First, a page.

"I Feel Sorry for George" 7 Shocking Moments From Zimmerman Juror B37′s First Interview
On Monday night, one of the jurors in the George Zimmerman trial offered shocking insight into how the group of six women reached its decision to acquit the defendant of all charges in the murder of 17-year-old Trayvon Martin.
In an interview with CNN’s Anderson Cooper, Juror B-37 — who initially planned to write a book about the trial — revealed that the jurors considered Florida’s Stand Your Ground law in reaching their verdict, appeared to strongly sympathize with the defendant, and felt that race played no factor in the incident. Below are Juror B-37′s most surprising revelations:
1. Martin was responsible for his own death.
JUROR: It was just hard, thinking that somebody lost their life, and there’s nothing else that could be done about it. I mean, it’s what happened. It’s sad. It’s a tragedy this happened, but it happened. And I think both were responsible for the situation they had gotten themselves into. I think both of them could have walked away. It just didn’t happen.
2. Juror felt just as sorry for Zimmerman.
COOPER: Do you feel sorry for Trayvon Martin?
JUROR: I feel sorry for both of them. I feel sorry for Trayvon, in the situation he was in. And I feel sorry for George because of the situation he got himself in.
3. Zimmerman should continue to serve as a neighborhood watchman because he has learned his lesson about going too far.
COOPER: Is George Zimmerman somebody you would like to have on a neighborhood watch in your community?
JUROR: If he didn’t go too far. I mean, you can always go too far. He just didn’t stop at the limitations that he should have stopped at.
COOPER: So is that a yes or — if he didn’t go too far. Is he somebody prone, you think, to going too far? Is he somebody you would feel comfortable —
JUROR: I think he was frustrated. I think he was frustrated with the whole situation in the neighborhood, with the break-ins and the robberies. And they actually arrested somebody not that long ago. I — I mean, I would feel comfortable having George, but I think he’s learned a good lesson.
COOPER: So you would feel comfortable having him now, because you think he’s learned a lesson from all of this?
JUROR: Exactly. I think he just didn’t know when to stop. He was frustrated, and things just got out of hand.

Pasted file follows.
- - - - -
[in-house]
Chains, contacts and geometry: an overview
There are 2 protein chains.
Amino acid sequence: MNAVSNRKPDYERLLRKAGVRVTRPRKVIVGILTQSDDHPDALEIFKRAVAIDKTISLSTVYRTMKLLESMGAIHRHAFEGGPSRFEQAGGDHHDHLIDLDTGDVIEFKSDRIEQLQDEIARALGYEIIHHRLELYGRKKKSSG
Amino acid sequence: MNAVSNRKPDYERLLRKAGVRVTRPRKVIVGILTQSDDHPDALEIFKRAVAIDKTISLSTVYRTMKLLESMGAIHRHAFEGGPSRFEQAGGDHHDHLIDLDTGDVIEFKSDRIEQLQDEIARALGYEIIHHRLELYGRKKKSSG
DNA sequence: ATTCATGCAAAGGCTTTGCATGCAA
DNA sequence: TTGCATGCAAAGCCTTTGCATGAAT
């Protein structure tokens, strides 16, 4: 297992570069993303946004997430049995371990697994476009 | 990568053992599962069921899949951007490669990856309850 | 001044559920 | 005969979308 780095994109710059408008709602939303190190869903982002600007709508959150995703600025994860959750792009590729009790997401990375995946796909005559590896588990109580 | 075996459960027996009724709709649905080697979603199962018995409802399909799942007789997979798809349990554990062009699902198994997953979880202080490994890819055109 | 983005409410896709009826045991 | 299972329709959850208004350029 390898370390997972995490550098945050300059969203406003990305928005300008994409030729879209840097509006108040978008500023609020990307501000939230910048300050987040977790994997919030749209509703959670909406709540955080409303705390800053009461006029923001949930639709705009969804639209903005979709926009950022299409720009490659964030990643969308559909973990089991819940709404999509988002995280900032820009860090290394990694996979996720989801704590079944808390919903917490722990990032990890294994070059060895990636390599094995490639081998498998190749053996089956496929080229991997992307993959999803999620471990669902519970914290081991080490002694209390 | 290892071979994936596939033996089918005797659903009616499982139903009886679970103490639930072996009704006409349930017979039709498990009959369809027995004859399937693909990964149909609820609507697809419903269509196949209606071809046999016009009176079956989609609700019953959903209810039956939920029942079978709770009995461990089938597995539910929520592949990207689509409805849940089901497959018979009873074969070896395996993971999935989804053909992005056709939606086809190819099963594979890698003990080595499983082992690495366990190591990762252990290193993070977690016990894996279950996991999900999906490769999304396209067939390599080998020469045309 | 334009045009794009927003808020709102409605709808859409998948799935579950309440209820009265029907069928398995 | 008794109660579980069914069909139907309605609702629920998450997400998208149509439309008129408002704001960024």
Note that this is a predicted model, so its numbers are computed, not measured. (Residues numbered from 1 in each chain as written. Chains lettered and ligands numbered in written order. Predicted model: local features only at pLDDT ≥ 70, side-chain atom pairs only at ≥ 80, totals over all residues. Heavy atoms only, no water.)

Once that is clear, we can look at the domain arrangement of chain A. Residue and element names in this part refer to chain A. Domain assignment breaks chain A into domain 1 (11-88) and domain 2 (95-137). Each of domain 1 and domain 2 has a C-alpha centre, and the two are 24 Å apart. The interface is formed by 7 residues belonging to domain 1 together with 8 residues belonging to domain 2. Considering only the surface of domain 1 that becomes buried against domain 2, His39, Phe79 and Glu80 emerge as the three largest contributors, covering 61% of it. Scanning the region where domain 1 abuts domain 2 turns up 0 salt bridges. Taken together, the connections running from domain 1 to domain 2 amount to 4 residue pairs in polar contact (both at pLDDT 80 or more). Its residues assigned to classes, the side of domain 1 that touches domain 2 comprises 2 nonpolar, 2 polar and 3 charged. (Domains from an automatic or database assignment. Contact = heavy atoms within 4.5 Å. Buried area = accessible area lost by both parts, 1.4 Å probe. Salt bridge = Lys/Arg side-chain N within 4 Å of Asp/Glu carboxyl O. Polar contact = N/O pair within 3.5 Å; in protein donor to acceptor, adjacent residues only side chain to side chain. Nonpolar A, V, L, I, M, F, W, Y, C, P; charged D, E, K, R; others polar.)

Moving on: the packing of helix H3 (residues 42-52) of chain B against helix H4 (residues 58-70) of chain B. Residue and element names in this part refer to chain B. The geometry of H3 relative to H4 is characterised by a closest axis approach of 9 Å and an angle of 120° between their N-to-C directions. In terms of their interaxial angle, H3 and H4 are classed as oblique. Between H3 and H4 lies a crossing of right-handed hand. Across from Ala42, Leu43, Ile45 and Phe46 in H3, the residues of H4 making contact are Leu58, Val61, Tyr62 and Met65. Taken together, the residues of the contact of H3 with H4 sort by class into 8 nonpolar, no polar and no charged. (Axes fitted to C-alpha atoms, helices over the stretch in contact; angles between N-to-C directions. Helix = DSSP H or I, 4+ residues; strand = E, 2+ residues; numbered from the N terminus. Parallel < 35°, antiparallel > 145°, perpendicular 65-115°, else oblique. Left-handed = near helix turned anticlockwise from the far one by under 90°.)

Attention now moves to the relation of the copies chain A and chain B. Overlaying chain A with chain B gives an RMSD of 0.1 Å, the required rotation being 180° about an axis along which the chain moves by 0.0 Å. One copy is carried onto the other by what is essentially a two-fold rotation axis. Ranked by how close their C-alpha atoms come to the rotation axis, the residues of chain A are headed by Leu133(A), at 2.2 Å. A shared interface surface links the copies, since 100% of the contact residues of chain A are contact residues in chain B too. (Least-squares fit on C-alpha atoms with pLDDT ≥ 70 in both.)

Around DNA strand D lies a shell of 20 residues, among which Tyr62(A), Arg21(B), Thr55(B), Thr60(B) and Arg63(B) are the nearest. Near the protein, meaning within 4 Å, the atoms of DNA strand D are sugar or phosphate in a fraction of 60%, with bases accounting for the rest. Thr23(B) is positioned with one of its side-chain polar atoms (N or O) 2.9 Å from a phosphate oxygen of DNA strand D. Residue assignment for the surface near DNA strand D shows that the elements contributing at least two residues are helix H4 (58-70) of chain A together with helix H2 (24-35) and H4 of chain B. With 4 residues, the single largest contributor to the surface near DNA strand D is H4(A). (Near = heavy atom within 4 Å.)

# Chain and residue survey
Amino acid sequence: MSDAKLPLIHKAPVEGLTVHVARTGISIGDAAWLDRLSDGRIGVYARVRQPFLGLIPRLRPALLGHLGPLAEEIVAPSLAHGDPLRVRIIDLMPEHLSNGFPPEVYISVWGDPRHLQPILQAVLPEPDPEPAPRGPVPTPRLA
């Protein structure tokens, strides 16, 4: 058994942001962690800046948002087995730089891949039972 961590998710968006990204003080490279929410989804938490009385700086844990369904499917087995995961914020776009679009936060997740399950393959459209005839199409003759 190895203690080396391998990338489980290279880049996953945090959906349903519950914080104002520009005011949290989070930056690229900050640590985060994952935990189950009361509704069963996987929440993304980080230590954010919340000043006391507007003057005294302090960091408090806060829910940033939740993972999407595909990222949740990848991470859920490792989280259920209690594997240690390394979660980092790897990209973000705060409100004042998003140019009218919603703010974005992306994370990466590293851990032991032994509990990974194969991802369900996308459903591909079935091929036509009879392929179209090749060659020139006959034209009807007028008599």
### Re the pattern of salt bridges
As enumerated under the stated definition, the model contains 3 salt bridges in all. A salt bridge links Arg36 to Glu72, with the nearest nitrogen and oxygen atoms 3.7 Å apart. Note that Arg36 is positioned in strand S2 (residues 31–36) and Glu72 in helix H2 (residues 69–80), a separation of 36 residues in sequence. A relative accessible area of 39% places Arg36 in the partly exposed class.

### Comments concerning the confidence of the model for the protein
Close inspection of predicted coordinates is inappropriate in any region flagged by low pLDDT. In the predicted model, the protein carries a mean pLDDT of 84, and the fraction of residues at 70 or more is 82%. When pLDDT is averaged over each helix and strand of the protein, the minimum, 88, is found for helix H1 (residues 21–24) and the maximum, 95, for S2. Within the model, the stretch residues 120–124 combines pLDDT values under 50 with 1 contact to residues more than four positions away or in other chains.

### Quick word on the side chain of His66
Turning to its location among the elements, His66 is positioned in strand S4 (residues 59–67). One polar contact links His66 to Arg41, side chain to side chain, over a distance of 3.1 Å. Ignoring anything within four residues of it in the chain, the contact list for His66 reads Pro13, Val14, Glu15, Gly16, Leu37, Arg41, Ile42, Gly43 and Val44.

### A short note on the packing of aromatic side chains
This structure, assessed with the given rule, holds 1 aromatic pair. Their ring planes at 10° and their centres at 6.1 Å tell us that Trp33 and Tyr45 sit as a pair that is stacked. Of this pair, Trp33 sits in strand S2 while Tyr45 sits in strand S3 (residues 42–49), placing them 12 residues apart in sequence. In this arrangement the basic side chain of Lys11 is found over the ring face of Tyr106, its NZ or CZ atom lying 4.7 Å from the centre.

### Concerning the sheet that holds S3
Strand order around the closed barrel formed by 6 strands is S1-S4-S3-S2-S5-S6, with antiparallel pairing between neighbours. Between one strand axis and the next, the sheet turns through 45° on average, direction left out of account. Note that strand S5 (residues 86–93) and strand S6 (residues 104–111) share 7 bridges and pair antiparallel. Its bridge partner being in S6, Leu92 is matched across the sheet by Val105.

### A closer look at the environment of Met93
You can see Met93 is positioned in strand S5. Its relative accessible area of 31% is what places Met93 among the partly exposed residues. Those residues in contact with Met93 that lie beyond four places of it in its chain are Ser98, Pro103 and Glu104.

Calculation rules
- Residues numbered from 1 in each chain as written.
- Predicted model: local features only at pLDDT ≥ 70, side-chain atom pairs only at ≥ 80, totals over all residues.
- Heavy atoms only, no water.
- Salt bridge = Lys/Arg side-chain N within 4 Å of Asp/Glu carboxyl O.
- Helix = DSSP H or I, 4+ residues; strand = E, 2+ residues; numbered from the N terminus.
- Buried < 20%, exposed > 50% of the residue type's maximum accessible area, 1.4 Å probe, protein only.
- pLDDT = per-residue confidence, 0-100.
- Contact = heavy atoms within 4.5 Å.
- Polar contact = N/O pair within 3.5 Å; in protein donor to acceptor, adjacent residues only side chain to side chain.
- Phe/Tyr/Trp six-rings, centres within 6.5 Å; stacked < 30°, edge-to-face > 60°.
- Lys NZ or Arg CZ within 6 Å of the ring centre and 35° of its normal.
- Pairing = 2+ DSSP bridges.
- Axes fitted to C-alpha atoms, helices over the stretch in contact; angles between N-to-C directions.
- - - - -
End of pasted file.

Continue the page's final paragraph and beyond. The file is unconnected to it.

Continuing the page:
4. Verdict hinged on “Stand Your Ground” law, even though Zimmerman did not use it in his defense.
COOPER: Because of the two options you had, second degree murder or manslaughter, you felt neither applied?
JUROR: Right. Because of the heat of the moment and the Stand Your Ground. He had a right to defend himself. If he felt threatened that his life was going to be taken away from him or he was going to have bodily harm, he had a right.
5. Zimmerman was only guilty of using poor judgment and was “egged” on to follow Martin by the 9/11 operator.
COOPER: Do you think he’s guilty of something?
JUROR: I think he’s guilty of not using good judgment. When he was in the car and he called 911, he shouldn’t have gotten out of that car. But the 911 operator also, when he was talking to him, kind of egged him on.
6. Race played absolutely no factor in Zimmerman’s profiling of Martin.
JUROR: I think just circumstances caused George to think that he might be a robber, or trying to do something bad in the neighborhood because of all that had gone on previously. There were unbelievable, a number of robberies in the neighborhood.
COOPER: So you don’t believe race played a role in this case?
JUROR: I don’t think it did. I think if there was another person, Spanish, white, Asian, if they came in the same situation where Trayvon was, I think George would have reacted the exact same way.
COOPER: Why do you think George Zimmerman found Trayvon Martin suspicious then?
JUROR: Because he was cutting through the back, it was raining. He said he was looking in houses as he was walking down the road. Kind of just not having a purpose to where he was going. He was stopping and starting. But I mean, that’s George’s rendition of it, but I think the situation where Trayvon got into him being late at night, dark at night, raining, and anybody would think anybody walking down the road stopping and turning and looking, if that’s exactly what happened, is suspicious. And George said that he didn’t recognize who he was.
COOPER: Well, was that a common belief on the jury that race was not — that race did not play a role in this?
JUROR: I think all of us thought that race did not play a role. [...]
COOPER: It didn’t come up, the question of, did George Zimmerman profile Trayvon Martin because he was African-American?
JUROR: No, I think he just profiled him because he was the neighborhood watch, and he profiled anyone who came in acting strange. I think it was just circumstances happened that he saw Trayvon at the exact time that he thought he was suspicious.
7. Zimmerman’s history of reporting black men to the police and his decision to follow Martin played no role in the verdict.
COOPER: So whether it was George Zimmerman getting out of the vehicle, whether he was right to get out of the vehicle, whether he was a wannabe cop, whether he was overeager, none of that in the final analysis, mattered. What mattered was those seconds before the shot went off, did George Zimmerman fear for his life?
JUROR: Exactly. That’s exactly what happened.
Juror B-37 twice used the phrase “George said,” even though Zimmerman himself didn’t testify. Tapes of Zimmerman explaining the incident were shown in the courtroom.